Nerve 9: we show you how to add depth and body to a basic mix.
Back in SOS December 2014, I wrote a ‘Session Notes’ column about working with the band Nerve 9 on the lead-vocal production on their classic-rock power ballad ‘Pray For The Rain’. Following those sessions the band were keen for advice on how to improve their mix, so I decided to mix the project for them too, working in Steinberg’s Cubase (their own DAW of choice).
The guitar and bass parts had been recorded by band members Thomas Stevenson and Chris Lawson respectively, and they’d added live drums using one of those remote online overdubbing services. Although the performances were uniformly fine, the timbre was a touch stodgy overall, so I immediately inserted an instance of Softube’s Summit Audio EQF100 equaliser plug-in on my master bus to tackle this, using a broad shelving boost above 10kHz and some peaking cut around 180Hz.
With that master EQ in place,lead singer Kelly Orr’s tone was nice and airy, which was great, but it occasionally crossed the line to ‘abrasive’, so I took a little time to experiment with finessing the timbre. Whenever I’m after tonal coloration, my instinct is usually to try emulations of analogue gear, so I first tried running the vocal through a few different compressors, blending their outputs to taste — an approach which has the advantage that it’s often good at pinning down a consistent vocal level in the mix. Having set up channels for seven different compressors, I ended up using mainly EAReckon’s FR-Limit 87 and Stillwell Audio’s Major Tom, supported with a bit of Softube’s FET Compressor.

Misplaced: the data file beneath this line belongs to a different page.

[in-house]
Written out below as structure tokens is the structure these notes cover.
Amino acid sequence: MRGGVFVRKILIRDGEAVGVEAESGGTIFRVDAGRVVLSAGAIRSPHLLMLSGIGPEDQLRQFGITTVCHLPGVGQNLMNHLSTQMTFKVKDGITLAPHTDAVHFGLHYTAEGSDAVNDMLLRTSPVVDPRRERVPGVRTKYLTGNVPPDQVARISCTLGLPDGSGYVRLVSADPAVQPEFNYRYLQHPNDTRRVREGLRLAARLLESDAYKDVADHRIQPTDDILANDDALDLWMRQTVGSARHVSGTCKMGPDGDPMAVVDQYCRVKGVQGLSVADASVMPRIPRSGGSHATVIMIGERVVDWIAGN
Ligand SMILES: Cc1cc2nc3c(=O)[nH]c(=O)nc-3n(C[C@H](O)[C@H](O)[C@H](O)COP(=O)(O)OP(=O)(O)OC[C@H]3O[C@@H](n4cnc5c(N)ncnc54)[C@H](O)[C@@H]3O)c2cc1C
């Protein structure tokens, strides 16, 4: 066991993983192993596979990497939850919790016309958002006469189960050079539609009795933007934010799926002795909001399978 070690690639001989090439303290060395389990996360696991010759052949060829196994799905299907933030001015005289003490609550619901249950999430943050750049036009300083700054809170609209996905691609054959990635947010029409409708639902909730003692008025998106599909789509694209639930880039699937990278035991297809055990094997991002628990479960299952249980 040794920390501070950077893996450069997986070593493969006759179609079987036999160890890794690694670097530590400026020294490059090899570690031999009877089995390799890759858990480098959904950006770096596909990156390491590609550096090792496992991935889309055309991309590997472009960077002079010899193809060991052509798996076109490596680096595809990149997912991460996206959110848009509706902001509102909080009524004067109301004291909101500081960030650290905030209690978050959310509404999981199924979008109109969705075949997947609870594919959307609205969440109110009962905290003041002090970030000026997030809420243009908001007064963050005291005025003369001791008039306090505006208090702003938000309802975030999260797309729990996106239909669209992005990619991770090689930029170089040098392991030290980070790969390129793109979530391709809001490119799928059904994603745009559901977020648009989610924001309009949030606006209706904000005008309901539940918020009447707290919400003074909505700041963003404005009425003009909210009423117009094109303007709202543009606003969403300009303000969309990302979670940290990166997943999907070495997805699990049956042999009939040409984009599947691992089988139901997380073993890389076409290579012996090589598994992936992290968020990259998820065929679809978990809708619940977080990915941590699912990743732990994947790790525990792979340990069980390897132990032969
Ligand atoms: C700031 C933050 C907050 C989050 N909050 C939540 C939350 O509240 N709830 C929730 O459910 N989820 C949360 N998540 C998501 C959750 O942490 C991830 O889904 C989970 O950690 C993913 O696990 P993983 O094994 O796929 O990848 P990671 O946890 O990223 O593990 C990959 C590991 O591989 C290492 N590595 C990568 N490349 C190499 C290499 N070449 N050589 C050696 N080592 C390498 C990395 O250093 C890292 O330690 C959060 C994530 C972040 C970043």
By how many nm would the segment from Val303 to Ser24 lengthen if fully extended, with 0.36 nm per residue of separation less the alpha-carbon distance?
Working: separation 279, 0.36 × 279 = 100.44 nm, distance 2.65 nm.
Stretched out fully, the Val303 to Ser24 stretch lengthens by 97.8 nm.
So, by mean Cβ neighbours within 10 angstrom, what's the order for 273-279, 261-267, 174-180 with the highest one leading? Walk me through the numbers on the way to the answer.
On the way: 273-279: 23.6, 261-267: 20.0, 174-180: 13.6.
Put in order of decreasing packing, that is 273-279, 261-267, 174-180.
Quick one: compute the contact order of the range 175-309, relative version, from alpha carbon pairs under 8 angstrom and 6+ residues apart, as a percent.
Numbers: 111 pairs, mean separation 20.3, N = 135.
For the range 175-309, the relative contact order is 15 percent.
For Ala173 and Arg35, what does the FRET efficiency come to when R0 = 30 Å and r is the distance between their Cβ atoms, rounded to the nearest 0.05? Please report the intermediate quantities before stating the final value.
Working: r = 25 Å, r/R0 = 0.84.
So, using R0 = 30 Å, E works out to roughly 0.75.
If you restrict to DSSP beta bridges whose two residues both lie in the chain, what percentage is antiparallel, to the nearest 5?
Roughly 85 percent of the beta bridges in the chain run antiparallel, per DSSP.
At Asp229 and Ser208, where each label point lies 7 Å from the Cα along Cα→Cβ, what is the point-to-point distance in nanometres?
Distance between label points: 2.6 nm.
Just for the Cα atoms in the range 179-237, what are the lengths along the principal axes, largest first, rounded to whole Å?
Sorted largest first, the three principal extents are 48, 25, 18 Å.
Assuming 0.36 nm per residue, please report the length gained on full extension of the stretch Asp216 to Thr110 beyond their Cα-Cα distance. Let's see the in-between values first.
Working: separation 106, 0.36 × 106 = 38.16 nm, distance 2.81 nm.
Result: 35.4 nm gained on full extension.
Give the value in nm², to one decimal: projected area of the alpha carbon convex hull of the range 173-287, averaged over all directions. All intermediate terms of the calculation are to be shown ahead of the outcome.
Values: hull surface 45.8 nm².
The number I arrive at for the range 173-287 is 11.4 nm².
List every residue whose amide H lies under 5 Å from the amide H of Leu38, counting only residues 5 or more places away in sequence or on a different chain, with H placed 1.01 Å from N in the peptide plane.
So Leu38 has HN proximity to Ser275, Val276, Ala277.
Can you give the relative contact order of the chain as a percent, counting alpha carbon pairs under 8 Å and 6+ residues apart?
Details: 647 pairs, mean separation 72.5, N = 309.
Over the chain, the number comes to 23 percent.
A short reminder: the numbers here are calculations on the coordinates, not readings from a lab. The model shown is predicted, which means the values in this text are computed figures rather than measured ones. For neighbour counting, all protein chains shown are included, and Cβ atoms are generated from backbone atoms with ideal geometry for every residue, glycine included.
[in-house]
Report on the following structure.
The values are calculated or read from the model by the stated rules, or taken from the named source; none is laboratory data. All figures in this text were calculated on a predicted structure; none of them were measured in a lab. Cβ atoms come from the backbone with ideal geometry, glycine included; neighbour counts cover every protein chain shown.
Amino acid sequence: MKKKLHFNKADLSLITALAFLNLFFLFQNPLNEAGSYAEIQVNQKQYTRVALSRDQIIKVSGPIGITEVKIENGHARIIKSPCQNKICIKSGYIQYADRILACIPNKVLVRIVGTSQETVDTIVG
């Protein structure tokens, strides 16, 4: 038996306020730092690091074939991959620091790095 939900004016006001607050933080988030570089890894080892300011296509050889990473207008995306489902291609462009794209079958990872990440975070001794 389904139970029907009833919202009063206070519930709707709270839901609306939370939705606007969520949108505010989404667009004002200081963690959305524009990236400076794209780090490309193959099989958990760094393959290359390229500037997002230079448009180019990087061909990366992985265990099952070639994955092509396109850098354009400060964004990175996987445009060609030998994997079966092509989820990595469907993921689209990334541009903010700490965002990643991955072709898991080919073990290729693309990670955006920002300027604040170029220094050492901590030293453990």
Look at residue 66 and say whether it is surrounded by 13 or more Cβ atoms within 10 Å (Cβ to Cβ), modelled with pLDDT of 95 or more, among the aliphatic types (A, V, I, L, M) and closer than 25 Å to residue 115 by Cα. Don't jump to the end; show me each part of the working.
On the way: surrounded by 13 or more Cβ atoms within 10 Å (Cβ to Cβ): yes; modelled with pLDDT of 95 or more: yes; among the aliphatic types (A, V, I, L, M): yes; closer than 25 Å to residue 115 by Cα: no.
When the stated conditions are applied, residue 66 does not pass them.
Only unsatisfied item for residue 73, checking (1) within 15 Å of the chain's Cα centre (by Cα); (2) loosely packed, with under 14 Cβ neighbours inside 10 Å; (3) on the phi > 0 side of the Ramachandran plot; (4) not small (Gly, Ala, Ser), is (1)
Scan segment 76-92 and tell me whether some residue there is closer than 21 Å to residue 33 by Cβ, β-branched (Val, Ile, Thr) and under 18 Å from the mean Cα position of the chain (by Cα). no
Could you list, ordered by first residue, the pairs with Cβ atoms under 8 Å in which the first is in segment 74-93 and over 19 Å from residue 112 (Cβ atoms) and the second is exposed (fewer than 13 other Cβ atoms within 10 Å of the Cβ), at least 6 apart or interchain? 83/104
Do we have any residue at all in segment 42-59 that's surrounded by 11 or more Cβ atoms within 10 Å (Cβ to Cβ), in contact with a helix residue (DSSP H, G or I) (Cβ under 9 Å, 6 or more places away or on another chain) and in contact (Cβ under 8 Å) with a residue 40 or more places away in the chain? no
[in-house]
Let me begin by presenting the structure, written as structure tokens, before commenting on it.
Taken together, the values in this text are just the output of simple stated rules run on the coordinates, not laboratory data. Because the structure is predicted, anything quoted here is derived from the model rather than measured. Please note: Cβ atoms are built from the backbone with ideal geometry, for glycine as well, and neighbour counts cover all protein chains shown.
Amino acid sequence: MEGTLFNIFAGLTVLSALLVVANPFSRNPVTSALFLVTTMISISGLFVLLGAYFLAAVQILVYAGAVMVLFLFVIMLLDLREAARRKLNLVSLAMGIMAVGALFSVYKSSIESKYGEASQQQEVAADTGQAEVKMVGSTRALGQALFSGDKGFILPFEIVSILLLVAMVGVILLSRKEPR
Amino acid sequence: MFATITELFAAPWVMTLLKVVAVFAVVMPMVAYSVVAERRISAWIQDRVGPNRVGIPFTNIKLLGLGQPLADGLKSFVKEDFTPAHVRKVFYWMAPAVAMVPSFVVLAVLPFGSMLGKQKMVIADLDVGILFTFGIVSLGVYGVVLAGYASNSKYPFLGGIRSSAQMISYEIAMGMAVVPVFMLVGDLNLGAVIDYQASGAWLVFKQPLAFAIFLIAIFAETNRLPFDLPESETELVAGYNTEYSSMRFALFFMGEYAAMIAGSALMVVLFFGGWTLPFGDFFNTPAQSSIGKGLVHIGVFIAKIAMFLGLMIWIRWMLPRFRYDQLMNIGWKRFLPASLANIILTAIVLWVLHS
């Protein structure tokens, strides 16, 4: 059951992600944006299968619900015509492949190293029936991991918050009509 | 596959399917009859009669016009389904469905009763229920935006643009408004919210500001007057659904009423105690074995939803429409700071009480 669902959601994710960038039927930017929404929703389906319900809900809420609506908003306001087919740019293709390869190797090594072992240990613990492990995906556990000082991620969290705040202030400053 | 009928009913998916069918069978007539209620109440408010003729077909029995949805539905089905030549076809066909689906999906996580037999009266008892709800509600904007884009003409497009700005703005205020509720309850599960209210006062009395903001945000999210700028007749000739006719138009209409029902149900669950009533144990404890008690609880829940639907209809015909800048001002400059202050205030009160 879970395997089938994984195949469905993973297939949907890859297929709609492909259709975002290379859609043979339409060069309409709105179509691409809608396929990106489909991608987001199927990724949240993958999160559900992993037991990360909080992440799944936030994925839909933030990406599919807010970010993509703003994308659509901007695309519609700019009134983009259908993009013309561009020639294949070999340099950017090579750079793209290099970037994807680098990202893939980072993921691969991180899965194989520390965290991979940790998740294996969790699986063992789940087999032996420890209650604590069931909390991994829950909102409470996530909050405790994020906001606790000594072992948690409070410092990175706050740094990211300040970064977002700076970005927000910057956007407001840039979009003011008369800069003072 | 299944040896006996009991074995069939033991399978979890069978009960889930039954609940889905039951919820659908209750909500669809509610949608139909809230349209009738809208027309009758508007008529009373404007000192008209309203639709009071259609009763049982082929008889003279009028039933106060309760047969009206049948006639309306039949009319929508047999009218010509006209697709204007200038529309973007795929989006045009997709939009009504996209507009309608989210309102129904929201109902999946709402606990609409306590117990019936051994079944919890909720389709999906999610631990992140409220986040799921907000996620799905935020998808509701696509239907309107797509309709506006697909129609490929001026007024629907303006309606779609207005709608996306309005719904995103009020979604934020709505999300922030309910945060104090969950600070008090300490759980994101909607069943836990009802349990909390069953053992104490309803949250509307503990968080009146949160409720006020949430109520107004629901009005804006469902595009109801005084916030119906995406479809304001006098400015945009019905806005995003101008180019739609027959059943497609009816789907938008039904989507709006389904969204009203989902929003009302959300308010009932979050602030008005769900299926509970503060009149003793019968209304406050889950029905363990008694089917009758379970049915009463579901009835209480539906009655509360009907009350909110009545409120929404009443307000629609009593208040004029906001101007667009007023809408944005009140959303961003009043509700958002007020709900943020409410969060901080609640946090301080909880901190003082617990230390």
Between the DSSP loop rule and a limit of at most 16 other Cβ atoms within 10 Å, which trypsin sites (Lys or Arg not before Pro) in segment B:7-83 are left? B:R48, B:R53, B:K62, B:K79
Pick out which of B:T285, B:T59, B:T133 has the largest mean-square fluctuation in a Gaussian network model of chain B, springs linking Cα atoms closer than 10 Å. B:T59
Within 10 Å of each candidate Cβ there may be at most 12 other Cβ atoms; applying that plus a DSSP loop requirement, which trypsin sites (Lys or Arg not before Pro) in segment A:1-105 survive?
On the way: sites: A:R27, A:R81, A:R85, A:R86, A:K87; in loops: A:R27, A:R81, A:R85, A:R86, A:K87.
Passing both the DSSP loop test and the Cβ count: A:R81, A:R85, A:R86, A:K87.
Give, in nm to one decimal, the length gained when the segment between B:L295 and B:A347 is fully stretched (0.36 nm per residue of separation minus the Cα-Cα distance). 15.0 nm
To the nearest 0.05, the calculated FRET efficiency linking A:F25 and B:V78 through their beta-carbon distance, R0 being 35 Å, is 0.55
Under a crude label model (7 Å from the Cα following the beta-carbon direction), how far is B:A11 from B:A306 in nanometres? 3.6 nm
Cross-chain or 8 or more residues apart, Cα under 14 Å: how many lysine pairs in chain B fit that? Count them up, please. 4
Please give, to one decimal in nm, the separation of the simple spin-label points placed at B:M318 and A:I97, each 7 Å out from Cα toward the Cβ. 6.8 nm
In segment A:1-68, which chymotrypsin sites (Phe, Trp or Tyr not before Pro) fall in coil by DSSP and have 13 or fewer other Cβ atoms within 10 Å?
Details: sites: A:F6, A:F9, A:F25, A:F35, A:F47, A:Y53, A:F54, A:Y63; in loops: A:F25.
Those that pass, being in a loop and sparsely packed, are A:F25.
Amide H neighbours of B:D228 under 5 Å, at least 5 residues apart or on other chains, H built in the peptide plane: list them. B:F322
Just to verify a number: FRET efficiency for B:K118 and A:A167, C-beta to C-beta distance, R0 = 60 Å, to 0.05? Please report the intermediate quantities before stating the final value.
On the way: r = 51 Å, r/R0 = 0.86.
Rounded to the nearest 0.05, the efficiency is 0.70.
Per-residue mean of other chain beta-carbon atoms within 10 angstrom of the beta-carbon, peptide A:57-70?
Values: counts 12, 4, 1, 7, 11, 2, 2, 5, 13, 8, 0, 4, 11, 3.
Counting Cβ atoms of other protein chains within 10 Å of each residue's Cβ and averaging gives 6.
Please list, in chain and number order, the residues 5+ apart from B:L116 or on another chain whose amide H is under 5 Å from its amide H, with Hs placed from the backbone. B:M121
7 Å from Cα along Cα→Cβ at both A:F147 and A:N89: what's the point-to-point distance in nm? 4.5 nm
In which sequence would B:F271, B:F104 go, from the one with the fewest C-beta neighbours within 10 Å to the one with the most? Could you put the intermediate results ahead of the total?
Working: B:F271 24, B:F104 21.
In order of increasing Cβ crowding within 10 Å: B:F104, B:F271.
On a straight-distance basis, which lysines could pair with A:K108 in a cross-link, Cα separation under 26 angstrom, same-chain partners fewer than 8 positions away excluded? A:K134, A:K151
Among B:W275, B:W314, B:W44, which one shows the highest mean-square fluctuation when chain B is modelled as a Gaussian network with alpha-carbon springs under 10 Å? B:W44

Staying in a similar vein, I auditioned a few other timbre-enhancing plug-ins. LSR’s Tubenhance delivered a hardness that wasn’t what I was looking for, while ToneBooster’s TB-Ferox tape emulation (a perennial favourite of mine) also drew a blank — the airiness vanished whenever the virtual tape started doing any useful smoothing. Third time lucky, I achieved something more promising from the Exciter section of iZotope’s Alloy 2, using its Retro flavour to thicken up the mid-range and remove a bit of edginess. Of course, vocal-tone decisions like this are inherently very subjective, so the main practical tip I can give is to allow yourself enough time to experiment, and approach it with an open-minded attitude, because you often need to explore (and eliminate!) several dodgy-sounding dead-ends before you happen upon a tactic that makes a real sonic improvement.
A side-effect of the HF lift and compression was that sibilance became a problem, which led me to apply a couple of layers of de-essing: Fabfilter’s Pro DS before the compression, just to tackle the strongest of the esses, and ToneBoosters’ TB-De-esser later in the plug-in chain to do the bulk of the work. In addition, I also applied a touch of attack reduction using Alloy 2’s transient-processing algorithm. This might seem a bit of an odd move on vocals, but I find it sometimes helps tame over-sharp ‘c’ and ‘t’ consonants, as well as making any lip noises a little less audible.